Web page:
How to clean and season cast iron
I love my cast iron cookware. I am hoping to eventually replace all my pots and pans with cast iron options. My kitchen shelves might sag under the weight, but that is a small price to pay for true love.
I just read in The Lodge Cast Iron Cookbook: A Treasury of Timeless, Delicious Recipes (Amazon) that George Washington’s mother treasured her cast iron pots so much, they earned a place in her will. A woman after my own heart.
Anytime a good cast iron deal pops up, I can barely stand it. You know I have a serious weakness for Dutch ovens. There was this beautiful green enamel-coated Dutch oven that was calling my name on Black Friday. My husband seemed to think I was being ridiculous, “Em, seriously, you don’t need four Dutch ovens.” I tried to compare it to his power tool collection. No dice.
Then we hosted Christmas Eve at our house, and I baked two loaves of bread and had three pots of soup simmering at the same time. Proof that I could actually put five Dutch ovens to work at once. But that would just be crazy.
So, if you haven’t already fallen for cast iron, let’s check out some of the benefits. Then, for those of you who are still nervous that these are high maintenance pieces, we’ll go through some (easy!) care guidelines. Most of the seasoning and cleaning tips apply to true cast iron cookware, not the enamel-coated pieces. Finally, a few of my favorite cast iron options. Ready? Let’s do this.
BENEFITS OF COOKING WITH CAST IRON
Cast iron cookware is reliable, durable, versatile, and economical. That’s an impressive list. For some, the biggest downside is the weight. They are hefty pieces, which I actually like, but that is definitely something to consider if you are not looking for a mild upper body workout while making dinner. Here are some more benefits with cast iron:
- Retains & distributes heat evenly
- Works well in the oven, on the stove top, and over a campfire
- When well-seasoned (not enamel-coated), the surface is naturally nonstick
- Handles extremely high heat
- Produces a dry heat (unlike Teflon) and can be used with very little liquid or fat
- Trace amounts of iron get absorbed into the food you cook
- Creates a crisp crust instead of causing food to “sweat” and toughen like most non-stick pans
- Improves with age as you are re-seasoning it with every use
CLEANING CAST IRON
Cast iron is not fussy. Treat it right, and it will give you decades of dependable use. Your cast iron should always be washed by hand with a nonmetallic brush or scraper. I have read in several places that small amounts of mild dish soap is fine, but I never use soap on my regular cast iron (I do use soap on my enamel-coated pots).
- Scrub the pan clean with soap (optional), salt, or just hot water and a nonmetallic brush or scraper soon after use.
- Dry with a towel or place the wet pan on the stovetop over low heat; turn off as soon as it is dry. To prevent rust, don’t let cast iron air dry. When dry, rub 1-2 teaspoons of olive or vegetable oil around the surface with a paper towel to keep it from drying out (not necessary for enamel-coated pots or pans).
- Line with a paper towel and store in a dry place or just keep it in your oven.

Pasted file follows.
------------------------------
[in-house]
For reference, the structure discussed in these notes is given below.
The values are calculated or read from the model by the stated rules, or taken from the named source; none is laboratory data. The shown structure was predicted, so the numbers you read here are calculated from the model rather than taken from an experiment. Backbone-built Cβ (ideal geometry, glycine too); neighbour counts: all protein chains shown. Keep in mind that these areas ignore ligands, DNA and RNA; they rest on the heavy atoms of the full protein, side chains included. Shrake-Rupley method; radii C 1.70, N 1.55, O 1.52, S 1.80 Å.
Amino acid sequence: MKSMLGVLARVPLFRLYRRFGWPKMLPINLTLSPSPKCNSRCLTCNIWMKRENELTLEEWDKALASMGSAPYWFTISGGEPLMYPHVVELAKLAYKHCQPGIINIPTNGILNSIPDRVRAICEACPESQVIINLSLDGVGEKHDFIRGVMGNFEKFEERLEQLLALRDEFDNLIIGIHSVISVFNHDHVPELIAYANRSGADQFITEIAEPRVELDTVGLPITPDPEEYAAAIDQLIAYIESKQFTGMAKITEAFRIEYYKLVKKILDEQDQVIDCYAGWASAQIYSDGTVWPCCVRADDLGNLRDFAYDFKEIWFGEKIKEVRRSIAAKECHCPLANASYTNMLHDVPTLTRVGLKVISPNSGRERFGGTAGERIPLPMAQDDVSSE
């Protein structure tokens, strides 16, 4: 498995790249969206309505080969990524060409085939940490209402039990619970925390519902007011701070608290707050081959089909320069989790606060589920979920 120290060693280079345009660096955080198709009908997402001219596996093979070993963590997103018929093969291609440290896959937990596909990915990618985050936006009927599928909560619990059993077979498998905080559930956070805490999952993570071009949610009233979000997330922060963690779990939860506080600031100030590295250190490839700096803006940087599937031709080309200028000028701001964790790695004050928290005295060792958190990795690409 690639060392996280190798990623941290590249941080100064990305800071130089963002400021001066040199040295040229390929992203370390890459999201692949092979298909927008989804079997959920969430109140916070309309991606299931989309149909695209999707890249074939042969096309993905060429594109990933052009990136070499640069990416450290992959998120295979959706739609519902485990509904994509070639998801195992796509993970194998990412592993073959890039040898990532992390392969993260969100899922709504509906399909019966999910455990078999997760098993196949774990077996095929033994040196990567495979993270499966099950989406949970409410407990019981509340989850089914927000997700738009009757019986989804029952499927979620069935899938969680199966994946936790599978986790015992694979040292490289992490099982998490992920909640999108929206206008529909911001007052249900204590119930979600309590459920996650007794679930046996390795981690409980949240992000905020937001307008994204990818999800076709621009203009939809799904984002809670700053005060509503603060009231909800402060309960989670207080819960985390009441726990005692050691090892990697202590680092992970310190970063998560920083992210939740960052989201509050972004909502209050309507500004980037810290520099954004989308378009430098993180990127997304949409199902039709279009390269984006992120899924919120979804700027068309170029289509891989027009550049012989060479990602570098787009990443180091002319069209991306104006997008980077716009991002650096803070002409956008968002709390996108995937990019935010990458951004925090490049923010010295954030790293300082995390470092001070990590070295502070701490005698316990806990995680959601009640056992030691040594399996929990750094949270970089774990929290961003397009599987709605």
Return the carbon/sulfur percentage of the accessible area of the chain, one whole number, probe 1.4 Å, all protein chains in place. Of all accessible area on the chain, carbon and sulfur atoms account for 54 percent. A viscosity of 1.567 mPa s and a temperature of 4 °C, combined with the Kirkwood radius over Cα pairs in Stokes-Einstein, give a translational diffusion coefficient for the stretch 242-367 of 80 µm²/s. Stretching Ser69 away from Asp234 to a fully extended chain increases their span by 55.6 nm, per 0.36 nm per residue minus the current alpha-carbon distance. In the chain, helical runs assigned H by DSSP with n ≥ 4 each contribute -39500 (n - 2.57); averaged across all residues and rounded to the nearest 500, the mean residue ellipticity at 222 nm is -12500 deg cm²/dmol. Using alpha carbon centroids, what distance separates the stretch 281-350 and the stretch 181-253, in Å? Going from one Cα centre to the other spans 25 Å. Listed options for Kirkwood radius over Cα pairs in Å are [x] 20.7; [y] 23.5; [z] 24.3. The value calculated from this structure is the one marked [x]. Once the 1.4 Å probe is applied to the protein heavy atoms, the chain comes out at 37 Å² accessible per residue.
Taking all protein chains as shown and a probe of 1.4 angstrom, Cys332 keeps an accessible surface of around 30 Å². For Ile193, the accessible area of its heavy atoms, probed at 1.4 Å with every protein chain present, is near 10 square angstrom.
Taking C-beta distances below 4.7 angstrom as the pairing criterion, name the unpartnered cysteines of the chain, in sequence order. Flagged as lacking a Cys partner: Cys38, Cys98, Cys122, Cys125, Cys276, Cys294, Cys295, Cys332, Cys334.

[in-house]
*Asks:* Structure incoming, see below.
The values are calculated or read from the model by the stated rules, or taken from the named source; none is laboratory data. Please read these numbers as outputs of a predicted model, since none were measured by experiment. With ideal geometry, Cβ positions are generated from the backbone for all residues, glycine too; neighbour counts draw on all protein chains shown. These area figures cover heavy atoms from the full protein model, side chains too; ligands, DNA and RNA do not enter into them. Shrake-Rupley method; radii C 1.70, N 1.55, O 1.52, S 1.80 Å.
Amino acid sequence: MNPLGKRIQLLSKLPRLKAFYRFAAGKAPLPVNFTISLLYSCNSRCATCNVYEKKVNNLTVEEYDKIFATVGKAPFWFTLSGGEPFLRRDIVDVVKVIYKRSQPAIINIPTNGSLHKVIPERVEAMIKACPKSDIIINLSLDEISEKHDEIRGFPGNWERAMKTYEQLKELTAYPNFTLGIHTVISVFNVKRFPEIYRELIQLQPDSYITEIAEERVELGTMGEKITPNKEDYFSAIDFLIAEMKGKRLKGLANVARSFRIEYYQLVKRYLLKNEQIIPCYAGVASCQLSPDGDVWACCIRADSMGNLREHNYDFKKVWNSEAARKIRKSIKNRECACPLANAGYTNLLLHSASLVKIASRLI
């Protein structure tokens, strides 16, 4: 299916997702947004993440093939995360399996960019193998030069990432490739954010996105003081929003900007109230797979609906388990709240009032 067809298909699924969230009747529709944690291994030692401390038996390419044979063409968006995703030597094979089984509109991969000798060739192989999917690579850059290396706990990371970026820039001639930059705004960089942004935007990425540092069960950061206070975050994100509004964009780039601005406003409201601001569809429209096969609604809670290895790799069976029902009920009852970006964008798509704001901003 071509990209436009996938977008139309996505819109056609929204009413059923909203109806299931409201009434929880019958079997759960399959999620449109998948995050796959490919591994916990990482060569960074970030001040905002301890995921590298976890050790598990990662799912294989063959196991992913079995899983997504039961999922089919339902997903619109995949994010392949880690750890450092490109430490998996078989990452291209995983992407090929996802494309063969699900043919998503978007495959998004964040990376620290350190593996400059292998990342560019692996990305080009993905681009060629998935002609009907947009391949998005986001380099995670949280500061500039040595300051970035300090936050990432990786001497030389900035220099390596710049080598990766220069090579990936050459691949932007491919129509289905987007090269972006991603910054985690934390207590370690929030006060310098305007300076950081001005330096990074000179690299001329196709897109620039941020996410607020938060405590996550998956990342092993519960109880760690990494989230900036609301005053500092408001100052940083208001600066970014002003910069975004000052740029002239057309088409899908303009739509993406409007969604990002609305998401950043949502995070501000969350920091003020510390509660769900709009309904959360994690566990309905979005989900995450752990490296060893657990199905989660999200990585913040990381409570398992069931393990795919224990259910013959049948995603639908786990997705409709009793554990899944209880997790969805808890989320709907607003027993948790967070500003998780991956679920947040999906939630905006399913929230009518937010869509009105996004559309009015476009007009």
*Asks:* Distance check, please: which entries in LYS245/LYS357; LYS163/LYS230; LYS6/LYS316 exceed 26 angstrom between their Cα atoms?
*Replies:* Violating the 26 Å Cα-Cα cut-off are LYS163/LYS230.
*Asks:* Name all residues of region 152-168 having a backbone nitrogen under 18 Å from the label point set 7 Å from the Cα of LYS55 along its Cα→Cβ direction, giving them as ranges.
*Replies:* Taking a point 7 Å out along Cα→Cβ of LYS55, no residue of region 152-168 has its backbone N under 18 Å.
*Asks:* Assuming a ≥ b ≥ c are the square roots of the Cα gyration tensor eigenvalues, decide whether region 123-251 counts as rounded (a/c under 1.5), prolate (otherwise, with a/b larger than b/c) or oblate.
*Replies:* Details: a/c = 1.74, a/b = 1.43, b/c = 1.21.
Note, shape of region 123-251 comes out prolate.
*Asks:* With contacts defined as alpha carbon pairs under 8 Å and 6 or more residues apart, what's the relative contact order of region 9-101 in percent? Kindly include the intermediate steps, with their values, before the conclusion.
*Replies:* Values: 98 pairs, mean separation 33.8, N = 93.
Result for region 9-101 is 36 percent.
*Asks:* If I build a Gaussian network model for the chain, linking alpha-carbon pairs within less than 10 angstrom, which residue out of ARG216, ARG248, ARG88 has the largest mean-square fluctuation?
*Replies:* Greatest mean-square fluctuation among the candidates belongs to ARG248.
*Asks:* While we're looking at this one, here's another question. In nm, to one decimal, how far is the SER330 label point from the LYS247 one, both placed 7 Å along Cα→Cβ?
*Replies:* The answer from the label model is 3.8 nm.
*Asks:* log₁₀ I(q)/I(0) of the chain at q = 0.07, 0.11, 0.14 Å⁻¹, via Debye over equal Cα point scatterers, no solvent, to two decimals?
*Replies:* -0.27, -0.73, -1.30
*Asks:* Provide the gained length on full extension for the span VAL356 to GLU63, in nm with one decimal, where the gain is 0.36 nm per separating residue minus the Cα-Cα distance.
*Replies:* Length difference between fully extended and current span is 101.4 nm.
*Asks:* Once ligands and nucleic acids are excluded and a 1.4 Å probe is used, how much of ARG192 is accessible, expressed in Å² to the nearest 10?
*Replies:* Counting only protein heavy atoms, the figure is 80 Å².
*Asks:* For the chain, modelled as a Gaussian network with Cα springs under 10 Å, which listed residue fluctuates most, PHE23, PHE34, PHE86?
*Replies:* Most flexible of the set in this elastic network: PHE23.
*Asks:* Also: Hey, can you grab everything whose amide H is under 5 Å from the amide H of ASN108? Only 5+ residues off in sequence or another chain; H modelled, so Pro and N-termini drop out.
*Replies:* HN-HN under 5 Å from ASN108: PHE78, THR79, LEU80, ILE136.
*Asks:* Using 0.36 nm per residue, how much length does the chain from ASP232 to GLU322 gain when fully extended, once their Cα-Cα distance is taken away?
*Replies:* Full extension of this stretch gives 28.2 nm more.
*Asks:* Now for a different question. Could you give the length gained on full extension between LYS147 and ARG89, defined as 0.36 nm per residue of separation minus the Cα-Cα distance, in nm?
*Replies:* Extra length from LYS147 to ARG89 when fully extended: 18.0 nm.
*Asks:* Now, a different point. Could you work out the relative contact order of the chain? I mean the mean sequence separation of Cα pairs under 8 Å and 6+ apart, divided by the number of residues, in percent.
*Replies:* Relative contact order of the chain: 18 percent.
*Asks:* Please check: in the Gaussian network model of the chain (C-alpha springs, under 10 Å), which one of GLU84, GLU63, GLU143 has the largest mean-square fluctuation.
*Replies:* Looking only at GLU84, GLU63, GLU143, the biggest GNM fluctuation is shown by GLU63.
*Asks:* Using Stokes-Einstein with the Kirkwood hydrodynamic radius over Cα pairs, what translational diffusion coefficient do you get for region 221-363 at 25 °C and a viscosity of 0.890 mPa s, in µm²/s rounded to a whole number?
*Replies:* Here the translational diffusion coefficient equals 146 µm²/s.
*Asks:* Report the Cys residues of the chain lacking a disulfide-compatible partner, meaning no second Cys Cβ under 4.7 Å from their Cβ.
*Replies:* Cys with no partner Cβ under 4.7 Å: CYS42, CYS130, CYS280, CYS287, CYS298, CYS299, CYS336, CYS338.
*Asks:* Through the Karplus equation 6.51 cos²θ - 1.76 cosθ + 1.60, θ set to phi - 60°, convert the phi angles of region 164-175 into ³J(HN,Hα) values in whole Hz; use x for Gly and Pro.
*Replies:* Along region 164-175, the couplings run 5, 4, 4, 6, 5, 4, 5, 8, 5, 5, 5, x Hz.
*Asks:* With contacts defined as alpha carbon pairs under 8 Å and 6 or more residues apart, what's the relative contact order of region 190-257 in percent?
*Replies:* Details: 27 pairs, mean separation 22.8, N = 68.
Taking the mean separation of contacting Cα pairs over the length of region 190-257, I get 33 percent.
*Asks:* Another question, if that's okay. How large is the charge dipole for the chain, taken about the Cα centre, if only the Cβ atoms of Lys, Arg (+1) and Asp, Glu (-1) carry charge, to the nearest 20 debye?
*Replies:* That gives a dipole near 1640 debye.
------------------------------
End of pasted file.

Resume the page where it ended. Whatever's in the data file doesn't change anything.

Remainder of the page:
- According to The Cast Iron Skillet Cookbook by Sharon Kramis and Julie Kramis Hearne (Amazon), if food begins to stick to your cast iron pan, just place it on the stovetop over high heat for 1-2 minutes. Remove it from the heat and sprinkle in 1/2 teaspoon of salt and 1 teaspoon of vegetable oil. Scrub the pan, wipe out any leftover salt, and let the pan cool. After it is completely cool, simply buff it with a clean rag.
SEASONING CAST IRON
Many new cast iron pieces available today come pre-seasoned, meaning you can use them straight out of the box. Seasoning simply seals the porous cast iron to create a smooth surface and prevent rust.
Cast iron may need to be re-seasoned every now and then to retain that trademark shiny black non-stick surface. This method can be used for new, unseasoned cast iron or used cast iron that is dry and rusty (like a cheap garage sale find).
- Scrub pan thoroughly with a nonmetallic brush or scraper.
- Dry the pan and coat it with vegetable oil or shortening, inside and out.
- Place the pan, upside down, on a baking sheet or piece of foil (with the edges folded up) to catch any drips. Bake for 45 minutes – 1 hour at 350-degrees. The pan will smoke at first so turn on your oven fan!
- Turn off the heat and let the pan cool completely in the oven. Remove from the oven and wipe off any excess oil. If your cast iron pan is in really rough shape, you may need to repeat this process.
BASIC CAST IRON COOKWARE
These three pieces are produced by Lodge, and all are available on Amazon. I love everything I have read about Lodge, especially that they have a long family history (founded in 1896!) of making inexpensive, quality products here in the USA.
This 5-quart Lodge Logic Cast Iron Dutch Oven might not be as pretty as its enamel-coated siblings, but it works just as hard for half the price. It doesn’t happen often, but when the price drops around $25, add this baby to your cart, if you are in the market for a Dutch oven. You won’t find a better price on such a heavy-duty pot. The fact that it is made in the USA just sweetens the deal.
The Lodge Logic Pro Cast Iron Grill/Griddle is on my wish list. It is double-sided, perfect for grilling burgers on one side and making pancakes on the other (not at the same time, preferably). I could also see myself adding this to our camping gear, which would be a huge improvement on anything the state parks have to offer.
Wondering what to make now that you’re convinced cast iron is awesome?
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